Additionally, a digital platform also can connect a utility’s employees to third-party partners, such as regulators, contractors, and municipalities so they can streamline the data-sharing process and ensure the best outcome. By deploying a system that connects legacy applications and tools with data from the entire organization, utility companies can transform their operations over time. With a project-based approach, digital transformation happens at a pace that does not overwhelm the organization or its employees. 

Proactive utilities field service management, streamlined operations 

The right digital tools help managers better plan workflow by using predictive analytics to compare service demand with available resources. By equipping managers with asset and customer data such as repair history and enrolled services, they alert field personnel beforehand of the site, asset, and customer history. The field personnel brings the right equipment in anticipation of a similar issue, which would mean one truck roll instead of multiple — resulting in improved asset uptime and a satisfied customer. Additionally, a note can be added to the asset and customer’s history, which a service agent can refer back to during their next interaction. This reduces truck rolls and maximizes available assets each and every time service is requested.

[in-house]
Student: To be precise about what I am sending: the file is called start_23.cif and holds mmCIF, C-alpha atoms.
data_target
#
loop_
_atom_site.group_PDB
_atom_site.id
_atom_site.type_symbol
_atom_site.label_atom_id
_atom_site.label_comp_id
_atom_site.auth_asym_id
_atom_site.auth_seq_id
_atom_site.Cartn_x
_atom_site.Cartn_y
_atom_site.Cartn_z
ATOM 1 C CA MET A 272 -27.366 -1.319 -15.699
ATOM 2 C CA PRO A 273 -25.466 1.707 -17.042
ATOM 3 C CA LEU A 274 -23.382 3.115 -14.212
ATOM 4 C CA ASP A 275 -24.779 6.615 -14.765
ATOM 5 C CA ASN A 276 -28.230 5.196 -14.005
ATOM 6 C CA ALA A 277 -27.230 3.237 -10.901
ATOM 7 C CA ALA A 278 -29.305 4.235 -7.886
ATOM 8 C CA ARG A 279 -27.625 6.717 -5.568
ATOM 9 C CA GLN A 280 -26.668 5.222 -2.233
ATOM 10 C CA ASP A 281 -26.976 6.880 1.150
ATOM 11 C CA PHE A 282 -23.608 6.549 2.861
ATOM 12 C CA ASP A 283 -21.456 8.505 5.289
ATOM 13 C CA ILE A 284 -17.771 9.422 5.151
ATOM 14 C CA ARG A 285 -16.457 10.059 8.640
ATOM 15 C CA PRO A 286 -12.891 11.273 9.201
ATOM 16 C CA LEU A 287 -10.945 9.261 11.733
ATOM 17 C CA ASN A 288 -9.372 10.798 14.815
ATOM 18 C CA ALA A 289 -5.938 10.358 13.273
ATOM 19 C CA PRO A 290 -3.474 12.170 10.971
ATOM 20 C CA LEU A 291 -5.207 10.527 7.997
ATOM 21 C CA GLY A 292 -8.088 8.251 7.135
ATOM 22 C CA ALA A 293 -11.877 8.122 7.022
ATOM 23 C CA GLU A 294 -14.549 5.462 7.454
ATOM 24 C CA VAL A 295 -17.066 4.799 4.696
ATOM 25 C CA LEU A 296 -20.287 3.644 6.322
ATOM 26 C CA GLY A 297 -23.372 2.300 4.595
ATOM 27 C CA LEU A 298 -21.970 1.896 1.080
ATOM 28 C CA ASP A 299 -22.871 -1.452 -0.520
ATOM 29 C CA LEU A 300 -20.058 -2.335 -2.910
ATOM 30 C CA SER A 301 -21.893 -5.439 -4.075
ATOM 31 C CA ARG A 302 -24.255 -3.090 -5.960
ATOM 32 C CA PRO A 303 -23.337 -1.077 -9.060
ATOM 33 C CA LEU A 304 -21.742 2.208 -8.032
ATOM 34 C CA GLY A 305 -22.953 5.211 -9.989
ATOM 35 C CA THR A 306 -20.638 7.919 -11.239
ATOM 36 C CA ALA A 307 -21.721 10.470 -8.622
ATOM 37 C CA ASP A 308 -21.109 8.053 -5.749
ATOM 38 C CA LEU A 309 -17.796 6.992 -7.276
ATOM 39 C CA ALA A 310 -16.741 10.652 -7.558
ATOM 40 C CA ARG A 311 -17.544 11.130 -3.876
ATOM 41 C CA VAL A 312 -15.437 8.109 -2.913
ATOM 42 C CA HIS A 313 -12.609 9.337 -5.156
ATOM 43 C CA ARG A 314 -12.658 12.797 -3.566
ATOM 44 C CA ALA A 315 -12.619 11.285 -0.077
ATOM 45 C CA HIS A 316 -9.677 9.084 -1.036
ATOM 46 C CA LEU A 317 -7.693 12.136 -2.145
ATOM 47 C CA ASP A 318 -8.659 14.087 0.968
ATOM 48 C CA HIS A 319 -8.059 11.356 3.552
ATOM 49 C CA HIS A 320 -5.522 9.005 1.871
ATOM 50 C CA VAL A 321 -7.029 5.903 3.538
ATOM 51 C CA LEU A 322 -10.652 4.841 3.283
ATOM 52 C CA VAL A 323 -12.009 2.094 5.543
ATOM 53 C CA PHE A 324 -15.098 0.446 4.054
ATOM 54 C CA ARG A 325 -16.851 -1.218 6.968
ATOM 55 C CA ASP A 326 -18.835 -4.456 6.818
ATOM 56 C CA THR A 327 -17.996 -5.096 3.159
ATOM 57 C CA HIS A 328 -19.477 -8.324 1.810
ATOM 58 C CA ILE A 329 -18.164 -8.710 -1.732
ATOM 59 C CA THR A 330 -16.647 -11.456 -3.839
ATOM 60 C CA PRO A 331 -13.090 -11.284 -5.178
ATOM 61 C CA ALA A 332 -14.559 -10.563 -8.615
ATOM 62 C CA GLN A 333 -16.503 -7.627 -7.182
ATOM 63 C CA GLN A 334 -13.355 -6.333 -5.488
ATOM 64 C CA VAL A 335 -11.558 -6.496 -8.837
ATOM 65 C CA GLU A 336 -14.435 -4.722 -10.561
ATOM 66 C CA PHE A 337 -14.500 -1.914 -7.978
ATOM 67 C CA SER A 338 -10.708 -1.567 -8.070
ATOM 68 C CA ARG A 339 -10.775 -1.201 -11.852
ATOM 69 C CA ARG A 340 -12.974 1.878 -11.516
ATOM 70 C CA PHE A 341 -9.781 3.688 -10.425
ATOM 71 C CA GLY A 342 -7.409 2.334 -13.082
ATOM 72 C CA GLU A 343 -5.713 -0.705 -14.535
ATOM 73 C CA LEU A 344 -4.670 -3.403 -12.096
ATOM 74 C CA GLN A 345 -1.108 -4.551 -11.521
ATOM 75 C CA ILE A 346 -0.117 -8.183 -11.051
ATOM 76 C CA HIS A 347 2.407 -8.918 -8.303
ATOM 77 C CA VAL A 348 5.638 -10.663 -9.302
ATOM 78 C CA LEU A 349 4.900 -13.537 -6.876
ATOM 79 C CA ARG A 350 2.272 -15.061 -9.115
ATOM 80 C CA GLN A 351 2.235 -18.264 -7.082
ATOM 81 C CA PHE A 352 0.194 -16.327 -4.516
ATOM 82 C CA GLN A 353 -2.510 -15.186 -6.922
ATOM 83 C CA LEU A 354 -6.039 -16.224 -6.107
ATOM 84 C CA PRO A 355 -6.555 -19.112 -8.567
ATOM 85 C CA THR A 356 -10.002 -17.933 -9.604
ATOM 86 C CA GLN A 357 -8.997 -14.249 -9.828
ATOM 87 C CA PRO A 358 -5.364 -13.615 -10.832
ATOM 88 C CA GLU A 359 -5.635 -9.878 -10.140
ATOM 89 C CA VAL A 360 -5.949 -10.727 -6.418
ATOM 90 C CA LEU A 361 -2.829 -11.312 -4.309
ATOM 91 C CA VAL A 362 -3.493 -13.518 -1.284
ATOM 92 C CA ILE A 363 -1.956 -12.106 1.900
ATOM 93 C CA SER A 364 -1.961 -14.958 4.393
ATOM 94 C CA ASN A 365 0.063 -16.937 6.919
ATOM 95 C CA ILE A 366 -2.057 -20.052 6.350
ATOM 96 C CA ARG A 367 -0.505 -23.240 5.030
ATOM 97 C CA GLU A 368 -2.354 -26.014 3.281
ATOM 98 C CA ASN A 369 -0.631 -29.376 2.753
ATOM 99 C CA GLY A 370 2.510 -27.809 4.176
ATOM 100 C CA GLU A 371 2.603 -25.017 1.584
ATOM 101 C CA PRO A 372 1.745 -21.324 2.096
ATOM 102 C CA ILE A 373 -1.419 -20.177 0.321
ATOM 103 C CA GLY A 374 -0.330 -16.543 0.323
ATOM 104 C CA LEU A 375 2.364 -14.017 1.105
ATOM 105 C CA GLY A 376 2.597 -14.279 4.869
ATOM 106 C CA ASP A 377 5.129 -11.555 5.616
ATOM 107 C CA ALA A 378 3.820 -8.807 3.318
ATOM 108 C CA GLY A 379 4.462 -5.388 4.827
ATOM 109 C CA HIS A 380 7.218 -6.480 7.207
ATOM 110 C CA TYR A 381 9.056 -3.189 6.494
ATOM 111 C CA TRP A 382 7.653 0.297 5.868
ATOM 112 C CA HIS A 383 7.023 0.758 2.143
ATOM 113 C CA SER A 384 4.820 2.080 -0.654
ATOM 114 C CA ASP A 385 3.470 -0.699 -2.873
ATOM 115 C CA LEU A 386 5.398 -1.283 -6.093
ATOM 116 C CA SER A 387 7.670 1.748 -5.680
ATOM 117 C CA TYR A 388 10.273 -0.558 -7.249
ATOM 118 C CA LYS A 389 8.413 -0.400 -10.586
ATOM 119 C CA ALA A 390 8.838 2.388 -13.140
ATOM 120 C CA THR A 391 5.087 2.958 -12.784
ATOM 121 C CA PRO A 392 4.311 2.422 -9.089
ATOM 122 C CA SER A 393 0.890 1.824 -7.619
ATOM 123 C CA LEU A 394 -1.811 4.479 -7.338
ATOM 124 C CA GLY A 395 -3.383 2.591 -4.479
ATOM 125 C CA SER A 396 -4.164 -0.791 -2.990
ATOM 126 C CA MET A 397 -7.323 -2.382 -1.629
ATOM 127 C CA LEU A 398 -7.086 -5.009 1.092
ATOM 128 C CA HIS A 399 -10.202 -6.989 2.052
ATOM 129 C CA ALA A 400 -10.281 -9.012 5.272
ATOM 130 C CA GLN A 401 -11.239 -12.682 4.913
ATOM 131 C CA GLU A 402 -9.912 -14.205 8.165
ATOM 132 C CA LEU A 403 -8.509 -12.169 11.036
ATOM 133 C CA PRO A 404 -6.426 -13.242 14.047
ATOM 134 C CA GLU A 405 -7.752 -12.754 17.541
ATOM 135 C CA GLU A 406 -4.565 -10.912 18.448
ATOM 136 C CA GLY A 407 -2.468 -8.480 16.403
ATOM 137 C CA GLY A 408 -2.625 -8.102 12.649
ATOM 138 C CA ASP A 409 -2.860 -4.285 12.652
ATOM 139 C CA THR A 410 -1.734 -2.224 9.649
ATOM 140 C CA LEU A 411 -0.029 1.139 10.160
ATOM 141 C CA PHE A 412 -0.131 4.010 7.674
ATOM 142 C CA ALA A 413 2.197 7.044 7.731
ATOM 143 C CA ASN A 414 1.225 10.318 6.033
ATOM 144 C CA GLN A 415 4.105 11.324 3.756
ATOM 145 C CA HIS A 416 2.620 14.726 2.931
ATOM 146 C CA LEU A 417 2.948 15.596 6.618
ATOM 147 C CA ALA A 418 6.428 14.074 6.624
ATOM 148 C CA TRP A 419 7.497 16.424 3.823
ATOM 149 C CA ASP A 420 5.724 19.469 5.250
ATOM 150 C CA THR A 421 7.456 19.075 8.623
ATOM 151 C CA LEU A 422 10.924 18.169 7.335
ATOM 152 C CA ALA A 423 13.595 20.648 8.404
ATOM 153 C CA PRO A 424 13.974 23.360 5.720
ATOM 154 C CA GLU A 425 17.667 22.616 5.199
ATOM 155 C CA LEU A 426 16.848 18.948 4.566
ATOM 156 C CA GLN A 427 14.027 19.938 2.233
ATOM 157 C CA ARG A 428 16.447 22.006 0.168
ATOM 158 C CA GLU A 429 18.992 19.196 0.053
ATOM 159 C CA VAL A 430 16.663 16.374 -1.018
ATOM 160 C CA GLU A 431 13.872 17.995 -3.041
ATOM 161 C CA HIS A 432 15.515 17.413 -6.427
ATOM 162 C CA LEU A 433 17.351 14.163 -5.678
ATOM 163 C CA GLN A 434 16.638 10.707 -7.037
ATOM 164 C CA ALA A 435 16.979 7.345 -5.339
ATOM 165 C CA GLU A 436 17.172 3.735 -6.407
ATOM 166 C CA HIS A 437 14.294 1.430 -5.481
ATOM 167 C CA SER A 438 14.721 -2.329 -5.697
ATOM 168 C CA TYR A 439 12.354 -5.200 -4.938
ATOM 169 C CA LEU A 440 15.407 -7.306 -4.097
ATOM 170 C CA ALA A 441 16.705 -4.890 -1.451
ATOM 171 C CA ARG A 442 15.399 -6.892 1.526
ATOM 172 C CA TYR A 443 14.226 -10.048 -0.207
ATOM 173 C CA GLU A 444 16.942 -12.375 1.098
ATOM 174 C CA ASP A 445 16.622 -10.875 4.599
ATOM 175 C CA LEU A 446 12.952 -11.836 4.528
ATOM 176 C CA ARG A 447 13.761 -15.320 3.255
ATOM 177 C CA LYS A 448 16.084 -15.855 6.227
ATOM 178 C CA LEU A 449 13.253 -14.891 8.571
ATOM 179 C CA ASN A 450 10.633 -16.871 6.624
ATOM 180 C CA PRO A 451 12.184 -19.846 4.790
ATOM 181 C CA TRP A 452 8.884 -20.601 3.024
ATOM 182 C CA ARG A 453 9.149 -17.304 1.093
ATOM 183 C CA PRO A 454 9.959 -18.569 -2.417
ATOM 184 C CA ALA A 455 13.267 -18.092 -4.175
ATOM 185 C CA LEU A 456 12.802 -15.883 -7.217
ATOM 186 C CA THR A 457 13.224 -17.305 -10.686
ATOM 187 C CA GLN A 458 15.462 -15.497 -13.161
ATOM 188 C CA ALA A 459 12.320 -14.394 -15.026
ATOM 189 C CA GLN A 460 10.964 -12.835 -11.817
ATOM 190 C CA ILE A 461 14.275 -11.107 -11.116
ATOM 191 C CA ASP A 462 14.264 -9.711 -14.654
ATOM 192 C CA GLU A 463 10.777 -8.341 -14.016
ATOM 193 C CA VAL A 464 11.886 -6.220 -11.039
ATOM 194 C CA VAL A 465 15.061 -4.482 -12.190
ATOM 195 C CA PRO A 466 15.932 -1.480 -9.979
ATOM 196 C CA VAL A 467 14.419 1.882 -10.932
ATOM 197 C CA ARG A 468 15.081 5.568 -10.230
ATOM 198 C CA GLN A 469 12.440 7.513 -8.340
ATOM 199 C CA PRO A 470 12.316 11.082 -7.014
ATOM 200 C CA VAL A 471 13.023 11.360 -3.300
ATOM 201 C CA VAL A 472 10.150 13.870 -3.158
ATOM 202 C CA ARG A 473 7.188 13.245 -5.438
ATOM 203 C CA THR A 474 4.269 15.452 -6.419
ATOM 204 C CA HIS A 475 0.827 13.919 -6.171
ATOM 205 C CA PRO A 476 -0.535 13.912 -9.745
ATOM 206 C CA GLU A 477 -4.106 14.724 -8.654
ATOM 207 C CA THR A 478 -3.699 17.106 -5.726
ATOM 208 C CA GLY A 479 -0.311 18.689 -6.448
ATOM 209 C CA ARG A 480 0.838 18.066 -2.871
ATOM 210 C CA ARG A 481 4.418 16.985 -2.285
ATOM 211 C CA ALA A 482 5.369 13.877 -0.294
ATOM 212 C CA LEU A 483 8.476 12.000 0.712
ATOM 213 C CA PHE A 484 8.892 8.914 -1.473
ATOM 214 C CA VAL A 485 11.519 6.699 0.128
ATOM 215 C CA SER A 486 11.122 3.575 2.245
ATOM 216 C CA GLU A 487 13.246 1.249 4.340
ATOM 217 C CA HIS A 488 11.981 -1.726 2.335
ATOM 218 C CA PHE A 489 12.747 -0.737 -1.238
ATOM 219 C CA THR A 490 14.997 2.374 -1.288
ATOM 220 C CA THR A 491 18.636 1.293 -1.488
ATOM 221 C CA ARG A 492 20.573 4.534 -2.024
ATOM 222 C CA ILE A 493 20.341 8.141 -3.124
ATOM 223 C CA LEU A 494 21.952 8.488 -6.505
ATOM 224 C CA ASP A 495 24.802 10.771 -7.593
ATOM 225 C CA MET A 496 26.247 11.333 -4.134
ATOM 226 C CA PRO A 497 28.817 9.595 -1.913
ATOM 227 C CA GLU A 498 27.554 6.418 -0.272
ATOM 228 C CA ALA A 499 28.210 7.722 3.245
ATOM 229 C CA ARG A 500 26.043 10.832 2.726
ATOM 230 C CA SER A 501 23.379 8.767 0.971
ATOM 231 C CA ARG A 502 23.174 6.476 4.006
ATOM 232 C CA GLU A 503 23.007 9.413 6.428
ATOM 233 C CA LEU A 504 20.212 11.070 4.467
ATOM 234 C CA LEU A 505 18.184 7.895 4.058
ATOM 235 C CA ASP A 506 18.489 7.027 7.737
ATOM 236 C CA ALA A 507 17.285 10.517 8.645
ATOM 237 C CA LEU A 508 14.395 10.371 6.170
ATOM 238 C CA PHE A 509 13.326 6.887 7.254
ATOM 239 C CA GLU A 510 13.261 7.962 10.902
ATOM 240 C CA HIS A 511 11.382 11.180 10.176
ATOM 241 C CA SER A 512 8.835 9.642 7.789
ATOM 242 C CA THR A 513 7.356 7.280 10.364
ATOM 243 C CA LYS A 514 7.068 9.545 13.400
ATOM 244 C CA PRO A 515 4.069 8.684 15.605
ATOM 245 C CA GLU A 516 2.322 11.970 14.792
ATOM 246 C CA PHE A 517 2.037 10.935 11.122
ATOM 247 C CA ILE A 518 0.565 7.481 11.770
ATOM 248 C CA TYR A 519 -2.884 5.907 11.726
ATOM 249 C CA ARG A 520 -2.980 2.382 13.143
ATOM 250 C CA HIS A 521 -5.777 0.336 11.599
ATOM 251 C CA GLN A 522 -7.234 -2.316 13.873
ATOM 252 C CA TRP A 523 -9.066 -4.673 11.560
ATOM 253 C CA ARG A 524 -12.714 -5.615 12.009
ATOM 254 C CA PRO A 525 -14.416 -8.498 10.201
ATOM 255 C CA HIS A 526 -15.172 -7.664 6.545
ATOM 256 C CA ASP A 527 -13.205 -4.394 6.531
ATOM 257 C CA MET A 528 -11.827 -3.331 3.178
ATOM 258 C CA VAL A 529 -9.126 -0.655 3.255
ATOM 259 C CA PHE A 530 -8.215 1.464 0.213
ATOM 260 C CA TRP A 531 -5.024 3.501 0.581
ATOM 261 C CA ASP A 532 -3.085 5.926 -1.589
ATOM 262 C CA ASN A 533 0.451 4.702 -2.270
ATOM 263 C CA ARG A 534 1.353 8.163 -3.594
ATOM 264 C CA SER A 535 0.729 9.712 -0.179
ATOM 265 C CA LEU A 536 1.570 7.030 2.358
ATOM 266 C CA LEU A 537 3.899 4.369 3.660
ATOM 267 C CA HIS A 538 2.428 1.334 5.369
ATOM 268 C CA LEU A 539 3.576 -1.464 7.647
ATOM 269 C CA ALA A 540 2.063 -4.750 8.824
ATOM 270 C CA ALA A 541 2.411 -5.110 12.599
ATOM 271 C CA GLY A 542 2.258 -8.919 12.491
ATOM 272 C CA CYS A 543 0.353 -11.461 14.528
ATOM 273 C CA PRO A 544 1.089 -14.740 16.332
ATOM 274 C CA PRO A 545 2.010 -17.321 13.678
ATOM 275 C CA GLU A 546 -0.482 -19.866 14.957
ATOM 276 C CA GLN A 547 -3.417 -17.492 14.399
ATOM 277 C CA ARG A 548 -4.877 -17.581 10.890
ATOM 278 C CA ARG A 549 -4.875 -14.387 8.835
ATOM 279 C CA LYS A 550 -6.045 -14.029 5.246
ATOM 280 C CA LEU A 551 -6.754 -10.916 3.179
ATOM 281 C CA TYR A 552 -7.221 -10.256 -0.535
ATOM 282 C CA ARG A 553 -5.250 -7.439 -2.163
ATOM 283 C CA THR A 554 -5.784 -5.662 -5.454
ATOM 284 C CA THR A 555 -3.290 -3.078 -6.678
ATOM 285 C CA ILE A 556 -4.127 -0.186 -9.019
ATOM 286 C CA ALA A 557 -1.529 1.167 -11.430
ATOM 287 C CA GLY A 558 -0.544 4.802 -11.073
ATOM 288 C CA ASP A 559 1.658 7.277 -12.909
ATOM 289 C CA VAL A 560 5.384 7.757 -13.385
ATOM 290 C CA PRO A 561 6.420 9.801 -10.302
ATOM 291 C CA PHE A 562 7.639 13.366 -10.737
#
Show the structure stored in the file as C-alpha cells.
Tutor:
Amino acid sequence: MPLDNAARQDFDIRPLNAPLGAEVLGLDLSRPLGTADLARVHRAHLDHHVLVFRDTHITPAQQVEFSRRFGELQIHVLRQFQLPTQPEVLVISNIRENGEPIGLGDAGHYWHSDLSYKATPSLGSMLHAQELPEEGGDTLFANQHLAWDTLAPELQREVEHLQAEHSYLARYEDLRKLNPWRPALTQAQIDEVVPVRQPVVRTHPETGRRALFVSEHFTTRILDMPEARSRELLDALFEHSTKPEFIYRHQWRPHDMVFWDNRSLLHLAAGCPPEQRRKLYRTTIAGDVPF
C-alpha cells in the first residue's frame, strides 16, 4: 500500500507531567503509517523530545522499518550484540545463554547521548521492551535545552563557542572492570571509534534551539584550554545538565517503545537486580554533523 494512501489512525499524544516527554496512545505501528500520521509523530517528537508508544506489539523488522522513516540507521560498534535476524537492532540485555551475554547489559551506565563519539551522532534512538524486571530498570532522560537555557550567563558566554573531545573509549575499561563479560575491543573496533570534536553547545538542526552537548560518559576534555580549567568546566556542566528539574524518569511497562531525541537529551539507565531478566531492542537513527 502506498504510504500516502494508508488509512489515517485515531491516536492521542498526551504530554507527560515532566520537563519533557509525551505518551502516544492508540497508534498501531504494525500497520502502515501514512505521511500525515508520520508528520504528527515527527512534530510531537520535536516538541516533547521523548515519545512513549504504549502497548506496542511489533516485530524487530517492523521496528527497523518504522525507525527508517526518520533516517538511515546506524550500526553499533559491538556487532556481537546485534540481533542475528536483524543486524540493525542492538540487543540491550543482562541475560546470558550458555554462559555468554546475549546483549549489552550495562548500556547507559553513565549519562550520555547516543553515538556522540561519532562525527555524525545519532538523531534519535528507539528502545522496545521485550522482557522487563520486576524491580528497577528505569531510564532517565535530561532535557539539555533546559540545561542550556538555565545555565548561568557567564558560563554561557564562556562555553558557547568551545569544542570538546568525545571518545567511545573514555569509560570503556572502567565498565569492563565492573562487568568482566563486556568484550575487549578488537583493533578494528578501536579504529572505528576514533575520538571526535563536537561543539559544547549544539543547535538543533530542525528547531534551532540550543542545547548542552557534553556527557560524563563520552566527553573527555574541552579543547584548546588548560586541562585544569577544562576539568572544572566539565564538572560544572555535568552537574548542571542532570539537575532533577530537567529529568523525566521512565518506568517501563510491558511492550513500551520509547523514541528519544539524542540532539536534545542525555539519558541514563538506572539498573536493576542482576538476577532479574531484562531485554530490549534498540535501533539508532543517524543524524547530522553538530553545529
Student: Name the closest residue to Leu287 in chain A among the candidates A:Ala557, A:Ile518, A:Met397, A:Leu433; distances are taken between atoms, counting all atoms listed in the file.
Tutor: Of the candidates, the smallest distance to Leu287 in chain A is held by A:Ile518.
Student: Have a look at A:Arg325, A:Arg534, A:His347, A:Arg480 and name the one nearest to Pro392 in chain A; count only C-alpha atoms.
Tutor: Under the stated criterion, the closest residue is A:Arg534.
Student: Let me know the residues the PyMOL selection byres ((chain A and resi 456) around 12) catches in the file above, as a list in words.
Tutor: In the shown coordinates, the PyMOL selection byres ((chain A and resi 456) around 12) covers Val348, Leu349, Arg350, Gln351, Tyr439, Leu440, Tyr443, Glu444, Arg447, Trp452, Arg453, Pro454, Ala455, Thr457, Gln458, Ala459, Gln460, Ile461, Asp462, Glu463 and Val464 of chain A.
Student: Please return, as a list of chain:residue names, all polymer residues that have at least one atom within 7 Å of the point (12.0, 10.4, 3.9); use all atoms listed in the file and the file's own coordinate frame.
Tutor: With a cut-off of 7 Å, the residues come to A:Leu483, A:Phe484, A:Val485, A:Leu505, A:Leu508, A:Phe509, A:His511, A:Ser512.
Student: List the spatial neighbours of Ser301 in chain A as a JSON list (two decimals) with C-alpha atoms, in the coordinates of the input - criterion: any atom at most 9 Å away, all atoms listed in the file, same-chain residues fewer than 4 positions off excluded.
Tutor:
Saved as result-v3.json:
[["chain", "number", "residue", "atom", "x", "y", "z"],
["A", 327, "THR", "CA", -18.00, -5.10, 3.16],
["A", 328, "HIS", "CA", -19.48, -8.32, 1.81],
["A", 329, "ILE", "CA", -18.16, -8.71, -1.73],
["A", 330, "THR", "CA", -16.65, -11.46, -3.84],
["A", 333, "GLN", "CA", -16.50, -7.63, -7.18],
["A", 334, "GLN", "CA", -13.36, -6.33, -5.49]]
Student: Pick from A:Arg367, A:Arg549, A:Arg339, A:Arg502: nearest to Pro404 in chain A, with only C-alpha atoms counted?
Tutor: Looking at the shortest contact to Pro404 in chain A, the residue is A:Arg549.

With a seamless flow of details available across operations … field service becomes a proactive, value-added service

With a seamless flow of details available across operations, inherently collaborating with internal and external stakeholders, field service becomes a proactive, value-added service that creates customer and employee satisfaction while streamlining operations. This positively impacts the delivery of service and the utility’s brand.